o'clock from pneumonia from
which she has suffered for, several
days. She had been . in poor
health since Thanksgiving and
her death was not unexpected.
Rev, Parker Holmes haB closed
the contract with A.. W, Council,
of High Poiu, for the brick to he
used in building the new Metho
dist church here and work on the
new church will begin about
March 1st, or as soon thereafter
as the weather will permit. The
new church will be built on the
same lot as tne present cnurcn
1 . .1 . 1
aiid the position of the old church
will- "e changed.
Saturday morning about 1, fire
was .discovered in the belting
room of the Thomasville Spoke
Works. It originated from a hot
box. on the belting machine and
but for the quick work on the part
of the watchman the entire plant
would have been burned to the
ground. As it was, the loss wil
n t amount to' more than $100.
DeWitt's Carbolized Witch Ha
zel Salve is best for cuts, burns
boils, bruises and scratches. It is
especially good for piles. Sold by
-TV t . .
James riummer ana an druggists
THE BOTTOM OF THE MATTER.
Those Who Thought They Had Hit Bottom
. Have Another Tnink Coining.
The following clipping from the
nu' 1.1.1.- r ? -i '
vjruariubte vnrouicie ana communi
cations go to show how the advo
cates of whiskey take advantage
of every "straw" that may come
within their Teach, how good mO
aan unwittingly lend them en
couragement, and how careful one
should guard his utterances :
Religious papersas a rule preach
widespread prohibition arguing
for it in generalities, in which of
course they are conscientious. -$X
is not often that a church organ
takes the following view, which is
quoted from the Presbyterian
The thing this paper is set to
do and is devoting all of its eneivj
giesm doing is afar bigger and,
better thing than advocating pro
hibition before the. legislature or
before the suffragans of the State.
Our work is confined to making
good men. Just inproportion as
we succeed will we have good citi
zens and good citizens mean good
laws about whiskey, ground peas,
mineral water and every other
thing. Our method is to beseech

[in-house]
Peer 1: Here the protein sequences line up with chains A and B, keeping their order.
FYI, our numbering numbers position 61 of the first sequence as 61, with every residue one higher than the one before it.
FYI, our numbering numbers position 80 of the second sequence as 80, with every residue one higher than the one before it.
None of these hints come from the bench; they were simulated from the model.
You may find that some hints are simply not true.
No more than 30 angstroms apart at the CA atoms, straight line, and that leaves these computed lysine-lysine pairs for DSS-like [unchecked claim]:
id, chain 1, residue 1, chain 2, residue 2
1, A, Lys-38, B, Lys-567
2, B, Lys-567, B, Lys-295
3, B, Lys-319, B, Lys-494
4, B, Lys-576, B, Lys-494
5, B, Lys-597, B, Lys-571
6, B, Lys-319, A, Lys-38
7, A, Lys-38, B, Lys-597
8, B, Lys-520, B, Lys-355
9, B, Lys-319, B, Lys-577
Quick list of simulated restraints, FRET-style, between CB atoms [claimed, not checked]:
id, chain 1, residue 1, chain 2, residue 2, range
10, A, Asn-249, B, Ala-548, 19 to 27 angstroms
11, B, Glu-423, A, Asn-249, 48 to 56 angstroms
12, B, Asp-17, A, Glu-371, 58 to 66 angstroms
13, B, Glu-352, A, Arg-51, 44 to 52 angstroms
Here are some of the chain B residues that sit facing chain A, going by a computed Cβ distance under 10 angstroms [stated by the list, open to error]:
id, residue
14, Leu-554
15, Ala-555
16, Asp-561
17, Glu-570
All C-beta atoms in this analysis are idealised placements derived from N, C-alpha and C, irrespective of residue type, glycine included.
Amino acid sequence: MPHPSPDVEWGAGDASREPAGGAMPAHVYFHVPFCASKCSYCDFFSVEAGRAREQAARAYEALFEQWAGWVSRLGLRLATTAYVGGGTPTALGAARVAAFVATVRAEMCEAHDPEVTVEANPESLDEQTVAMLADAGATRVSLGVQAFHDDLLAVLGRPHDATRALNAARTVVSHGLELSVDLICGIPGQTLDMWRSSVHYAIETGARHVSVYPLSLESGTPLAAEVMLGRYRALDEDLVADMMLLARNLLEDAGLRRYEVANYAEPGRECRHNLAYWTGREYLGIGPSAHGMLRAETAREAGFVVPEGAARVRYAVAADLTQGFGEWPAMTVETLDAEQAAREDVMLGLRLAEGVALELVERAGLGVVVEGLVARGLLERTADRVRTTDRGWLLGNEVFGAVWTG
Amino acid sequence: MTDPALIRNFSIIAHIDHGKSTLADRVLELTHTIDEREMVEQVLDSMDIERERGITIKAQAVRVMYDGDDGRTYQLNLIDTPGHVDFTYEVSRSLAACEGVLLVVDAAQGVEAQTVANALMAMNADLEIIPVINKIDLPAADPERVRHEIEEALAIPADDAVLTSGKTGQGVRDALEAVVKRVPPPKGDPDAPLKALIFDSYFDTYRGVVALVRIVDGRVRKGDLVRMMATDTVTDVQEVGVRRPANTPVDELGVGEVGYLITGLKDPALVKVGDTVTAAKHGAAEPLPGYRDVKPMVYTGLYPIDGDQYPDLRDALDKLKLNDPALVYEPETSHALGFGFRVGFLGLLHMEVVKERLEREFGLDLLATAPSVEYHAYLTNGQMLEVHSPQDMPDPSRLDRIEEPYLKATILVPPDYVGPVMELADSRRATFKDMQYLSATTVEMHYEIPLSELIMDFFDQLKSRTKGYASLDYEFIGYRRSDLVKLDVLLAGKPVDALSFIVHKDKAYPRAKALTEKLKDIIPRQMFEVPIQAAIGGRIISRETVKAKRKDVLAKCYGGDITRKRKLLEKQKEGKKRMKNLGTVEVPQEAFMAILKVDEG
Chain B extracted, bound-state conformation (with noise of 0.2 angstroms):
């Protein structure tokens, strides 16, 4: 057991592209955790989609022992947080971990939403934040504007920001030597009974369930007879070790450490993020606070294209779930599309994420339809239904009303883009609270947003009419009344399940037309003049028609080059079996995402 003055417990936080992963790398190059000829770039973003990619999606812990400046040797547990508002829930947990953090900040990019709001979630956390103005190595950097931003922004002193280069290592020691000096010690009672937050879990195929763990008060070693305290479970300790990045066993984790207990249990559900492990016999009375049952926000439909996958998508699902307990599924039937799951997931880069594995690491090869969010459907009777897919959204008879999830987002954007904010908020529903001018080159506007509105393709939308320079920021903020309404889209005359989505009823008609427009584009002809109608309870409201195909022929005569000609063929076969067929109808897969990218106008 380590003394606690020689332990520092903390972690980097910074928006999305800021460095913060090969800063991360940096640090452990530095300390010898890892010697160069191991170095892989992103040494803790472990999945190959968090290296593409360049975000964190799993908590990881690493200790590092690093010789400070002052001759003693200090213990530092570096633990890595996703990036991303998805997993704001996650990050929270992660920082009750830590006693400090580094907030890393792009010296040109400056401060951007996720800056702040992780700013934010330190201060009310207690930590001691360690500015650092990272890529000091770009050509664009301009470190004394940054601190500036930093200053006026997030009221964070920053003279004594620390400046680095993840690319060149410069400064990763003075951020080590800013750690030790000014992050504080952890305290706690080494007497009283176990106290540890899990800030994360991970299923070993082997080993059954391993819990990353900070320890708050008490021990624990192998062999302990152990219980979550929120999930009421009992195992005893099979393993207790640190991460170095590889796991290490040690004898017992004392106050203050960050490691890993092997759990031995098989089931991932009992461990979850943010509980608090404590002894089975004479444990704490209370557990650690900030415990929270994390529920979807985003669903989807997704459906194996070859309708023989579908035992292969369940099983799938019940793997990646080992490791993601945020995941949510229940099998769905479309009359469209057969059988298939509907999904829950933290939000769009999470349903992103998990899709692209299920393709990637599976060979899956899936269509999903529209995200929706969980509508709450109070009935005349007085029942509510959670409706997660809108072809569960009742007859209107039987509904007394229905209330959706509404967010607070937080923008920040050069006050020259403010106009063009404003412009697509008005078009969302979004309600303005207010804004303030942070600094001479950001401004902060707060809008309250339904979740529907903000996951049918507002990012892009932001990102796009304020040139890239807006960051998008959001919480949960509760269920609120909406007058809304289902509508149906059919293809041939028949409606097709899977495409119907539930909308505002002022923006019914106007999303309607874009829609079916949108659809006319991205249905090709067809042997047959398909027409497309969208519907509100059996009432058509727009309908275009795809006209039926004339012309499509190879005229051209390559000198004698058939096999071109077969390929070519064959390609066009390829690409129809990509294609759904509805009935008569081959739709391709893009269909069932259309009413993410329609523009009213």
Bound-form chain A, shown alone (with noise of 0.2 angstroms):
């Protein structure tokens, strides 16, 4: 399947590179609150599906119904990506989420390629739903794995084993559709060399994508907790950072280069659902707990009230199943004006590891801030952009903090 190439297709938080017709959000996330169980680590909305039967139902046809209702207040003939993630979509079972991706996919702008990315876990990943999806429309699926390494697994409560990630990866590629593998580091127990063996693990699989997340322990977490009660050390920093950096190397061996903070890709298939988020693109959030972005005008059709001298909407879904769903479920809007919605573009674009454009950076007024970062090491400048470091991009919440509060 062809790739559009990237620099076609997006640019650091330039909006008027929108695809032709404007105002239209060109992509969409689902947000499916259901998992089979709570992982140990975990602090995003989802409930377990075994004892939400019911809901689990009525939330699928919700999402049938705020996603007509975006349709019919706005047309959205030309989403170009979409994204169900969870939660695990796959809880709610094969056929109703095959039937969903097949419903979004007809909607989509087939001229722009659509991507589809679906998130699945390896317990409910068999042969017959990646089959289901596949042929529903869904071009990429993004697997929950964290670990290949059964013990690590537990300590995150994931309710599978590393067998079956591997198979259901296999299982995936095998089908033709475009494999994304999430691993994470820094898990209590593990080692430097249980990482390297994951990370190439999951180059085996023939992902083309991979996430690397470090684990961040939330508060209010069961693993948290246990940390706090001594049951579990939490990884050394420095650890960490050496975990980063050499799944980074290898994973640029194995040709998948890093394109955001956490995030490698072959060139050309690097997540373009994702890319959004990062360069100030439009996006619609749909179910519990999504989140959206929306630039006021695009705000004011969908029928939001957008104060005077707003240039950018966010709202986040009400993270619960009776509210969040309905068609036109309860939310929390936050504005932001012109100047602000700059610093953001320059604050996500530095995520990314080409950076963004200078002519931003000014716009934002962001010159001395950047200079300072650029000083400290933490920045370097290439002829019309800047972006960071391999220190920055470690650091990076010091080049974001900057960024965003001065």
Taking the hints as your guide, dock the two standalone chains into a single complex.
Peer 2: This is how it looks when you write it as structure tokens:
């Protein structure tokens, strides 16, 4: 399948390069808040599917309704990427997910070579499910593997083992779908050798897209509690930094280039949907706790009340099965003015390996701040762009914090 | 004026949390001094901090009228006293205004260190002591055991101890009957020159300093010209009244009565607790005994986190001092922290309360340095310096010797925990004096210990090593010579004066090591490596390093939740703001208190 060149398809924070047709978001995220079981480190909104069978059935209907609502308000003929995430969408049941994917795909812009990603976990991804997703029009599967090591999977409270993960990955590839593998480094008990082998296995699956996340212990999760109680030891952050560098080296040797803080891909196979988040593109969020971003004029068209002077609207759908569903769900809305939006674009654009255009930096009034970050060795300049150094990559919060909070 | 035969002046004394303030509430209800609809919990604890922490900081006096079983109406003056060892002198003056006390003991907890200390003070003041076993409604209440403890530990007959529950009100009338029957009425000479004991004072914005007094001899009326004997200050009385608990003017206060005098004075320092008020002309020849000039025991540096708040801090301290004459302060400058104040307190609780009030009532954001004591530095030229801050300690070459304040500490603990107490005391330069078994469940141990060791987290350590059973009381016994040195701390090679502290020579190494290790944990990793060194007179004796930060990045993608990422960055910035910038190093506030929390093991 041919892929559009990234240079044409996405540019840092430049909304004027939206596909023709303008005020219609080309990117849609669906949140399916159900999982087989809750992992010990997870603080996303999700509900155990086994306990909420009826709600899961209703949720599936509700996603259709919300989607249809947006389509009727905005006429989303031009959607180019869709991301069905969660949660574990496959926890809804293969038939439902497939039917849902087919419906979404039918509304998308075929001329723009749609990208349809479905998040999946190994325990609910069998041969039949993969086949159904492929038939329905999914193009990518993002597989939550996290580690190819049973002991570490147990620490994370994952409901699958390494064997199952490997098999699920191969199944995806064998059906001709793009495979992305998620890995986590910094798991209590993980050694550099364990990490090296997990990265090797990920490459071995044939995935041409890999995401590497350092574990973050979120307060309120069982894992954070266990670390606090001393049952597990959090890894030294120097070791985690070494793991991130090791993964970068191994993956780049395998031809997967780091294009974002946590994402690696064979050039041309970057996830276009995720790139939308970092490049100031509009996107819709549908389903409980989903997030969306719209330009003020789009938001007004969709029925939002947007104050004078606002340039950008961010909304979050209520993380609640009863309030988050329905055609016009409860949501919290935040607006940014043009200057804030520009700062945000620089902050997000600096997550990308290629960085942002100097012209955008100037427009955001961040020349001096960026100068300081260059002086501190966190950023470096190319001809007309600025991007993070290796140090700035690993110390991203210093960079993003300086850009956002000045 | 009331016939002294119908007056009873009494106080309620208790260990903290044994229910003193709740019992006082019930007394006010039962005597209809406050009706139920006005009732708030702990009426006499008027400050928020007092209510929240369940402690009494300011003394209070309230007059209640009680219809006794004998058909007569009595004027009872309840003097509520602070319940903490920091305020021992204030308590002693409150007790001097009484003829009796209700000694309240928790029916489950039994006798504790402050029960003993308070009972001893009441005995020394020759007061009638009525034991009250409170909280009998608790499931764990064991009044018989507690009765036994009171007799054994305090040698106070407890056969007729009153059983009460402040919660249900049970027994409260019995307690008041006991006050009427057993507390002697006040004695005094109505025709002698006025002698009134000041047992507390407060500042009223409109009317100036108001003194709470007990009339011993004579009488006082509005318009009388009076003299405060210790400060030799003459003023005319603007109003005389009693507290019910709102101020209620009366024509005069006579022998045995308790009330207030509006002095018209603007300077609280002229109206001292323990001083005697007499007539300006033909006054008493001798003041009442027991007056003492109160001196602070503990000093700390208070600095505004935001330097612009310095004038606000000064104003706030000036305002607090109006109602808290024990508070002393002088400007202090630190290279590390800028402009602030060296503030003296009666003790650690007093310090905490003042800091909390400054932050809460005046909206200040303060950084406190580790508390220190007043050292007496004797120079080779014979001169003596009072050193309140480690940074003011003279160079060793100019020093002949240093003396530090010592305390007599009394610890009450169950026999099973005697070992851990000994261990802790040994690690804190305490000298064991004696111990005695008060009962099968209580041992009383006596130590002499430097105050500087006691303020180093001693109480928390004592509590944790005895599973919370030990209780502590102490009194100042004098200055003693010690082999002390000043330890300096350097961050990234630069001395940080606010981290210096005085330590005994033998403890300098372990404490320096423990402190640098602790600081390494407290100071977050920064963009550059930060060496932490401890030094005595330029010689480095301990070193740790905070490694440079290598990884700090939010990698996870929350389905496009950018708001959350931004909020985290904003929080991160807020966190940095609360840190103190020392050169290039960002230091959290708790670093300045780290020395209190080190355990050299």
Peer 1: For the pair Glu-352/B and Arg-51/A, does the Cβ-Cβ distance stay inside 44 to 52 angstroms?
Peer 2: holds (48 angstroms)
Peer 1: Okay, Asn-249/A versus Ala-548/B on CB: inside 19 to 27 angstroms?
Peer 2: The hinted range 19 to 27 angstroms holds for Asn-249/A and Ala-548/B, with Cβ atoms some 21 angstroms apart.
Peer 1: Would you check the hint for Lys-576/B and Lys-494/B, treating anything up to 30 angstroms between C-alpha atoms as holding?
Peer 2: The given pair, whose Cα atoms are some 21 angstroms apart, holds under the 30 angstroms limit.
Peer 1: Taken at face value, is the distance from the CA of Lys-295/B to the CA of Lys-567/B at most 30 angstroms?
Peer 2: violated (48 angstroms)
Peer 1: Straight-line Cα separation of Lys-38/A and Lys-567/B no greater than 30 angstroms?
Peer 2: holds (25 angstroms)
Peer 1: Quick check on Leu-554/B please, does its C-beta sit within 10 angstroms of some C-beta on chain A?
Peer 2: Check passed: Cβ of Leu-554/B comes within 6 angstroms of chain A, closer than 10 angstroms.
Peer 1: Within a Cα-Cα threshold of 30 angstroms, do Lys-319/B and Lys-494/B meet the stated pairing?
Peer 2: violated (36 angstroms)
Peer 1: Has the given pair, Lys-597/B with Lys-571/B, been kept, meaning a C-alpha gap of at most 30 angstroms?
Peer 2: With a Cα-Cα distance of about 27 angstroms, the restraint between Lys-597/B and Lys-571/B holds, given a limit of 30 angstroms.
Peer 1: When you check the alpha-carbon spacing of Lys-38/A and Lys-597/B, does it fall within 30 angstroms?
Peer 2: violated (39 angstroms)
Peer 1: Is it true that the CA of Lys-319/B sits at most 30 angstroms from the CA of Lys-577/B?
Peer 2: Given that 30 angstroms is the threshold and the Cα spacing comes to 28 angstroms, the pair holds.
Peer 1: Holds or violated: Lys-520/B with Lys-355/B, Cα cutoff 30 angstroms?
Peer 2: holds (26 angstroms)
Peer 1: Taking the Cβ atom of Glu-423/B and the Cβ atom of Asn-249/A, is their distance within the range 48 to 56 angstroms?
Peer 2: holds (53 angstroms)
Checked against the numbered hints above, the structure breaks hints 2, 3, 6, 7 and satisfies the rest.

men in behalf .of Christ to be re
conciled to God. That is the road
we travel in reforming evils and
maintaining good government.
This statement will explain to all
our intelligent and unprejudiced
readers why we do .not use our
columns to advocate the enact
ment ot this and that law by our
. 1 a . -
State law makers in assembly."
This strikes the bottom. Make
good men and women and the pro
hibition question will take care of
itself. The old argument that
morals cannot be legislated into
people is correct it is a poor pol
iy. toL, drive a man to dp right.
And here is the proof that statm-
tory prohibition is unwise. Char
En. Pbksbttebian Stamdaro :
Enclosed find a quotation frorp
youf rpftpex :. by another pape
which is t last in sympathy wTtB
liquor. Ifc'ig clipped f rom a Salis
bury paper ' which is controlled by
the; liquor interests of the town.
I nave no doubt that it will Be
copied by every liquor organ in
the state, and I am sure that every
rum-seller and distiller in the
world will endorse your views on
not interfering in their awful traf
fic in human souls. How do you
like the fellowship? Christ says,
"woe unto you when all (evil)
men speak well of you, for so did
their fathers to the fjtlse pro
phets." "Come out from among
them and be ye separate, saith the
Salisbury, N. C, FebTl-'08.
Charlotte, N. C, Feb. 7. 1908.
The Standard is not run to please
fools, devils and diabolical, men.
It is run for Christ's sake? We
are not editing a secular paper, we
are editing a religious paper. We
represent the churchr TheState
and the church must be kept se
parate or our fabric must fall in
revolution and ruin, uur x ene
mies shall not be glad by seeing
the Standard in Raleigh dickering
with State legislation! We are
perhaps more opposed to whiskey
tlLtt anybody in the State. The
editor from which you clip did riobl
have sense enough to see our
meaning. In haste.
P. R. Law.
I wish that I might talk with
all sick ones ahout the actual
cause of Stomach, Heart, and
Kidney aiimjnts. 10 explain in
person how weak btomach uerves
leads to btomacb weakness.